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World War II: Operation Jaywick


Operation Jaywick Conflict & Date:

The Operation Jaywick attack was conducted September 26, 1943, during World War II (1939-1945).

Operation Jaywick Team

  • Major Ivan Lyon
  • 13 men

Operation Jaywick Overview:

As Allied forces were pushed back to Australia in early 1942, new organizations were formed to support operations against the Japanese. Among these was Special Operations Australia (SOA) which served as an intelligence organization. Created in March 1942, it was folded into the new Allied Intelligence Bureau (AIB) that June. That same month, a commando organization, Z Special Unit (Z Force) was formed under the auspices of SOA. Consisting largely of Australian and Indonesian personnel, this unit conducted a variety of covert operations in the former Dutch East Indies and the Southwest Pacific.

In 1943, Major Ivan Lyon proposed a daring raid on Japanese shipping in Singapore harbor. Serving in the AIB, Lyon had been posted to Singapore with the Gordon Highlanders prior to the war. During this time he conducted covert operations with the Free French in Indochina and later worked with the local Malaysian population to form resistance groups as the Japanese moved south. With Singapore's fall imminent, he aided in evacuating civilians from the city, meeting an Australian named Bill Reynolds in the process. Reconnecting in Australia, Lyon and Reynolds developed the attack plan for striking at Singapore.

This plan called for a small team to sail north disguised as Asian fishermen. Approaching Singapore, teams would paddle into the harbor in canoes to place limpet mines on enemy shipping. During the evacuation of Singapore, Reynolds had operated a 70-ft. fishing boat known as Kofuku Maru. Then in India, Lyon had it brought to Australia for use in the plan. Dubbed Operation Jaywick, the mission was approved and a fourteen-man team from Z Force, including Lyon, began training.

The final plan called for the team to sail aboard Kofuku Maru, renamed MV Krait after the small but deadly snake, to an island off Singapore. There, three teams of two men would be sent ashore with collapsable canoes and munitions. From the island, the raiders would paddle into Keppel Harbor, Singapore, to conduct the attack. Once complete, they were to return to the island and rendezvous with Krait for the voyage home. Moving from their training camp at Broken Bay to Thursday Island, the raiders prepared for their mission. After refitting at Exmouth Harbor, they departed for Singapore on September 2, 1943.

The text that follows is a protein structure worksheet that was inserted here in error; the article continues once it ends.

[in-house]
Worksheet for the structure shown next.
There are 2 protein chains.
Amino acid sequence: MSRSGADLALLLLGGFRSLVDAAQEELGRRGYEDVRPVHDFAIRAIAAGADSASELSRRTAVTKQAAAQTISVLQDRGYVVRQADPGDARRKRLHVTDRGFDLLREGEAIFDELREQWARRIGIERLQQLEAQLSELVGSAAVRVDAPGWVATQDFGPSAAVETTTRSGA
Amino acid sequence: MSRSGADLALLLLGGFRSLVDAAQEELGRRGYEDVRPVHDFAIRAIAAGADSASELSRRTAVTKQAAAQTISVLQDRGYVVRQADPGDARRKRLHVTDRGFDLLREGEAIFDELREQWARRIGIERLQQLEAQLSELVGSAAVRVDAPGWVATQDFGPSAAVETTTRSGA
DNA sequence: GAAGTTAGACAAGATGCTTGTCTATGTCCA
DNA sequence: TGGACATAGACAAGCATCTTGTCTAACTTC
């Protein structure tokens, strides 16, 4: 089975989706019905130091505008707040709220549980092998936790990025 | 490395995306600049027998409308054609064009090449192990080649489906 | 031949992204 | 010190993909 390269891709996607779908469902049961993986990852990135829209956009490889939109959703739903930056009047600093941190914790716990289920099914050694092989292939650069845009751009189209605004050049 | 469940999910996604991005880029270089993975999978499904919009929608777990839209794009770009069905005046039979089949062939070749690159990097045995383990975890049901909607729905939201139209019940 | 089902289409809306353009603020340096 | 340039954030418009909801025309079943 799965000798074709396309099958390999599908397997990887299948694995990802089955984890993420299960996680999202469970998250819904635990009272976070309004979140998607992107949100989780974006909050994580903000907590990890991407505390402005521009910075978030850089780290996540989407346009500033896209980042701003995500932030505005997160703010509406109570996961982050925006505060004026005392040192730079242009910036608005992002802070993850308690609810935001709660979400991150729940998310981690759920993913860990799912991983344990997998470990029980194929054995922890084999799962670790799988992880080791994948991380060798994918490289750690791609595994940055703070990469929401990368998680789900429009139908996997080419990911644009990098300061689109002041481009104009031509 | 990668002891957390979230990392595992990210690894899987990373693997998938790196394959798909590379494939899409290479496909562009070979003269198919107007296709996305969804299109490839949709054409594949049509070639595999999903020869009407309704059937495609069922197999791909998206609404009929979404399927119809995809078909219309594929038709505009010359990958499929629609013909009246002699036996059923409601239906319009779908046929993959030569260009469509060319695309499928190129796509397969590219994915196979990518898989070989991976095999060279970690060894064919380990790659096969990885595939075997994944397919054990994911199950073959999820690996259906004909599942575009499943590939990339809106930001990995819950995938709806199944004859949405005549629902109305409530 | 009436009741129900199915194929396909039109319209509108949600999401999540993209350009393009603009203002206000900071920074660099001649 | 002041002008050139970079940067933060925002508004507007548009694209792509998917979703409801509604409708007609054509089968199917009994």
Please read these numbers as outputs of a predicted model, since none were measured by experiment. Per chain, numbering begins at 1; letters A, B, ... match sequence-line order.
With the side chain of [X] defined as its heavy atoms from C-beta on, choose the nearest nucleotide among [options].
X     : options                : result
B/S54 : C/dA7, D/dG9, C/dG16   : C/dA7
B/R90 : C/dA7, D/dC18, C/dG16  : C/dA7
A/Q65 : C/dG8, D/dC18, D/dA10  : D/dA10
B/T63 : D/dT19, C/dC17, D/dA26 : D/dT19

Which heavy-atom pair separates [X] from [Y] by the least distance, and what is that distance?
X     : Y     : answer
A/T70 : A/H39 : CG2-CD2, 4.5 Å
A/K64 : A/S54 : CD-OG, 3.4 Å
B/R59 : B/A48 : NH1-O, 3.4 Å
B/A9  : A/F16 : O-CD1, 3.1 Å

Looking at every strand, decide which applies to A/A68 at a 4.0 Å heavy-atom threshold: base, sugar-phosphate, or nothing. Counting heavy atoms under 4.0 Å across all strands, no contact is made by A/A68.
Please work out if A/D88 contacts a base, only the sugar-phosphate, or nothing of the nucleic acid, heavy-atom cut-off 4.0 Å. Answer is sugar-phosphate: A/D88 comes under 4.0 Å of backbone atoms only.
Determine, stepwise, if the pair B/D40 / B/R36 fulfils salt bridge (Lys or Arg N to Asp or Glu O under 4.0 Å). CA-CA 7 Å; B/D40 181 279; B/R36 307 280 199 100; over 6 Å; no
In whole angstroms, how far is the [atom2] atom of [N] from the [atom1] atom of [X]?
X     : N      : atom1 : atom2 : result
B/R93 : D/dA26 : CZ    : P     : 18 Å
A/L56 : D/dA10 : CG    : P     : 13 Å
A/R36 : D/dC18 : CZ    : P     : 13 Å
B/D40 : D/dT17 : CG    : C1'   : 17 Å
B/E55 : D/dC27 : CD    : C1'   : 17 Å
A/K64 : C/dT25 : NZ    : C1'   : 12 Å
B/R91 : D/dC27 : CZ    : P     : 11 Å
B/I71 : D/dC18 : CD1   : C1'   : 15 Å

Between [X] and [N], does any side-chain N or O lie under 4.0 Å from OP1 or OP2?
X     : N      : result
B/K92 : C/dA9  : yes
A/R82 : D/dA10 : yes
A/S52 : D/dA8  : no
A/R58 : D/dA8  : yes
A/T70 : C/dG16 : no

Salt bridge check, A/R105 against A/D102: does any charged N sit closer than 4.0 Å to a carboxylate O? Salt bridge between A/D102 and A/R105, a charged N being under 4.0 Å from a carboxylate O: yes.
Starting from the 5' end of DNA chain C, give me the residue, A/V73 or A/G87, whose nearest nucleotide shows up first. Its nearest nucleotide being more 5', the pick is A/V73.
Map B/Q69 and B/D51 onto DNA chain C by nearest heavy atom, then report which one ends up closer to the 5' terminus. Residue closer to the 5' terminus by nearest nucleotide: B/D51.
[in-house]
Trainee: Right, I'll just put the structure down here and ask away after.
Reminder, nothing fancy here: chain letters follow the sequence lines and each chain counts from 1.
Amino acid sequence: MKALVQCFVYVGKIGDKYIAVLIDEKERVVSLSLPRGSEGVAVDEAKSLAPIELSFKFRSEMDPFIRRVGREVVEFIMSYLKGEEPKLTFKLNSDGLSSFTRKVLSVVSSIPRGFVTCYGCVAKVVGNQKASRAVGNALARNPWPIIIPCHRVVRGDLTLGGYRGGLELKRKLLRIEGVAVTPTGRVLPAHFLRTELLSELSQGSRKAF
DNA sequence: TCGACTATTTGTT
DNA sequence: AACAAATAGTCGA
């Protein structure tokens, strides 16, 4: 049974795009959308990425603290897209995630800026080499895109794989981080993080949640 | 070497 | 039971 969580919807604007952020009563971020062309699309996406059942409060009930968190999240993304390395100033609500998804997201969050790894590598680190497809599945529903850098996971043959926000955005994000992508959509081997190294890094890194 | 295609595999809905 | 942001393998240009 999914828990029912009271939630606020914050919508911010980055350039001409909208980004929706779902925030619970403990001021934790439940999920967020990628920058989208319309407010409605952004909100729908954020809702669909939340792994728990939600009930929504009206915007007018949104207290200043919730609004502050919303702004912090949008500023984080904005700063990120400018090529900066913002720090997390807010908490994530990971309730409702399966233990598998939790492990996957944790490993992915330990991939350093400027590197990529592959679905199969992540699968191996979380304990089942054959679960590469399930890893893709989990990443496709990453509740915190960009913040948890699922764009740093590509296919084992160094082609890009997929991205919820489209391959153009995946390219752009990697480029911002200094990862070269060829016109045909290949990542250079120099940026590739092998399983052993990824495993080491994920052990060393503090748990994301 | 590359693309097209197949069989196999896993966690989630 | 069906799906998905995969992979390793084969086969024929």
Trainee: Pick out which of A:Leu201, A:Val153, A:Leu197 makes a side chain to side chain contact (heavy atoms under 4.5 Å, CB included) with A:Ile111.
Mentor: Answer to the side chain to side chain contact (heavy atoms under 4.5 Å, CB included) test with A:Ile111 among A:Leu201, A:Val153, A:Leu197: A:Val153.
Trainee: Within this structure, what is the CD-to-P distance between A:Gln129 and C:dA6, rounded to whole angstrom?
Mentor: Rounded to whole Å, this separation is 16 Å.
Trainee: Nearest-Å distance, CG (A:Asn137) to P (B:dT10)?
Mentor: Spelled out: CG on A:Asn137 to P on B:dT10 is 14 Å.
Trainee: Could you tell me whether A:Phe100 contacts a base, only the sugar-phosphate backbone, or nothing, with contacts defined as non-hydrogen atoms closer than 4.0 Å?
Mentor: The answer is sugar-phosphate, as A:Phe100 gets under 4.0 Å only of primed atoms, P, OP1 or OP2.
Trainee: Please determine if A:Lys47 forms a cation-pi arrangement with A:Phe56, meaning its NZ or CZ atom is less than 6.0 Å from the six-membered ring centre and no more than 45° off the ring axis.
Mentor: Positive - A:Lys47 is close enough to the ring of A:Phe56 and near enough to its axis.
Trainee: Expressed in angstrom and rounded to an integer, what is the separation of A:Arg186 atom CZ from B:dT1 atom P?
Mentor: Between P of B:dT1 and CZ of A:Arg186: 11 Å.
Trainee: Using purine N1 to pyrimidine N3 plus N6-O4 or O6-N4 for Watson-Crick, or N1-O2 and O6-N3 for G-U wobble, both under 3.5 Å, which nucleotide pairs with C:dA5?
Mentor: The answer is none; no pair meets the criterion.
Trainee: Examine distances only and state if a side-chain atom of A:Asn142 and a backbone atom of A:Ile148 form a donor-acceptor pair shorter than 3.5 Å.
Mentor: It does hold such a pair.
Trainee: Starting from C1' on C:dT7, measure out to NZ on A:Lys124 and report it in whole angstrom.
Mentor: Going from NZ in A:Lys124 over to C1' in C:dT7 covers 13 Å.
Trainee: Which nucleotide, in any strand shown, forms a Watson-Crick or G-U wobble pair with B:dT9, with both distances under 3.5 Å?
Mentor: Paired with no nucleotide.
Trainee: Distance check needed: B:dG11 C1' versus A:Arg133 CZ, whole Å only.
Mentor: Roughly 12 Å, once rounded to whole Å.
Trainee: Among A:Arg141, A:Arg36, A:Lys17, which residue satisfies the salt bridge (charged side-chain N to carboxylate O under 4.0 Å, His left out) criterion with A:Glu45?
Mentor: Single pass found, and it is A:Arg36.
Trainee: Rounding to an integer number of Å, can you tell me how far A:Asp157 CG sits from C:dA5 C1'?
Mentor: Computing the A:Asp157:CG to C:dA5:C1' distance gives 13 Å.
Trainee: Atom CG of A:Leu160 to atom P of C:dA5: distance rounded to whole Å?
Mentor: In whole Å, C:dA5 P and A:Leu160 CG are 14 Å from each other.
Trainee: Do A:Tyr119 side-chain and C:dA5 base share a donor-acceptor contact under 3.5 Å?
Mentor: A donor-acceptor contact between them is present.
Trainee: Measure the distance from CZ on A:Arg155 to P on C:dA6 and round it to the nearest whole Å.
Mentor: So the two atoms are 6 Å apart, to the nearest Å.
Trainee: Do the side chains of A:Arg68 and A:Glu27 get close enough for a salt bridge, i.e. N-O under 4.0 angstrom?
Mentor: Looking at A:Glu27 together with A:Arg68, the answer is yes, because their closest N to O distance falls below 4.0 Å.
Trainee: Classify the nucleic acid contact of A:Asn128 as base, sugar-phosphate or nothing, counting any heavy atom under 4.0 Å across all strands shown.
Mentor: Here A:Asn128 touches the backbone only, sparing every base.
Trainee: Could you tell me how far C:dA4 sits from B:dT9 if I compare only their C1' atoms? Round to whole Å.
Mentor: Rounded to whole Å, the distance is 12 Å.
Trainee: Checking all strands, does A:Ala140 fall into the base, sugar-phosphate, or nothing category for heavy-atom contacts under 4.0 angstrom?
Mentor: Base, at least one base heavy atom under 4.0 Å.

Conducting Operation Jaywick:

Only capable of around 6.5 knots, the voyage to Singapore took several days. As maintaining their disguise was critical the raiders dyed their skin to appear more like the local population and were careful in regard to the debris that was put overboard. Arriving off Singapore on September 19, the canoe teams and their equipment were landed at Pandjang Island. While Krait, commanded by Lieutenant Hubert Carse, departed for a ten-day trip to Borneo, the canoe teams began moving north towards Singapore.

Though nearly detected by a Japanese patrol boat, they succeeded in reaching Subar Island approximately seven miles from their target. On the night of September 26, the raiders advanced into the harbor. Battling strong currents and evading enemy patrols, they succeeded in placing mines on seven Japanese ships. Dumping their excess equipment, they endeavored to escape the area before the mines detonated. By dawn, the raiders had returned to their base camp and between 5:15 AM and 5:50 AM explosions were heard in the harbor.

While the Japanese mounted a frantic search for the attackers, the raiders began paddling to their rendezvous with Krait at dusk on September 27. Arriving near Pompong Island, the first team was picked up after midnight on October 2. The other two missed Krait in the darkness. Though initially resigned to being trapped behind enemy lines, they were rescued the next night when Krait returned to the area. With the entire strike force aboard, the boat turned south for home. Maintaining their disguise, they had a close call in the Lombok Strait but successful returned to Exmouth Harbor on October 19.

Aftermath of Operation Jaywick:

A daring mission, Operation Jaywick resulted in the sinking or serious damaging of seven Japanese merchant ships totaling around 39,000 tons. Encouraged by the mission's success, Lyon began planning Operation Rimau. A larger version of Jaywick, it was launched in October 1944, but was largely a failure and resulted in Lyon's death and those of his raiding party. On October 10, 1943, the Japanese arrested fifty-seven civilians and internees on suspicion of playing a role in the attack. Dubbed the Double Tenth Incident, those detained were interrogated and tortured, with fifteen ultimately dying in Changi Prison.

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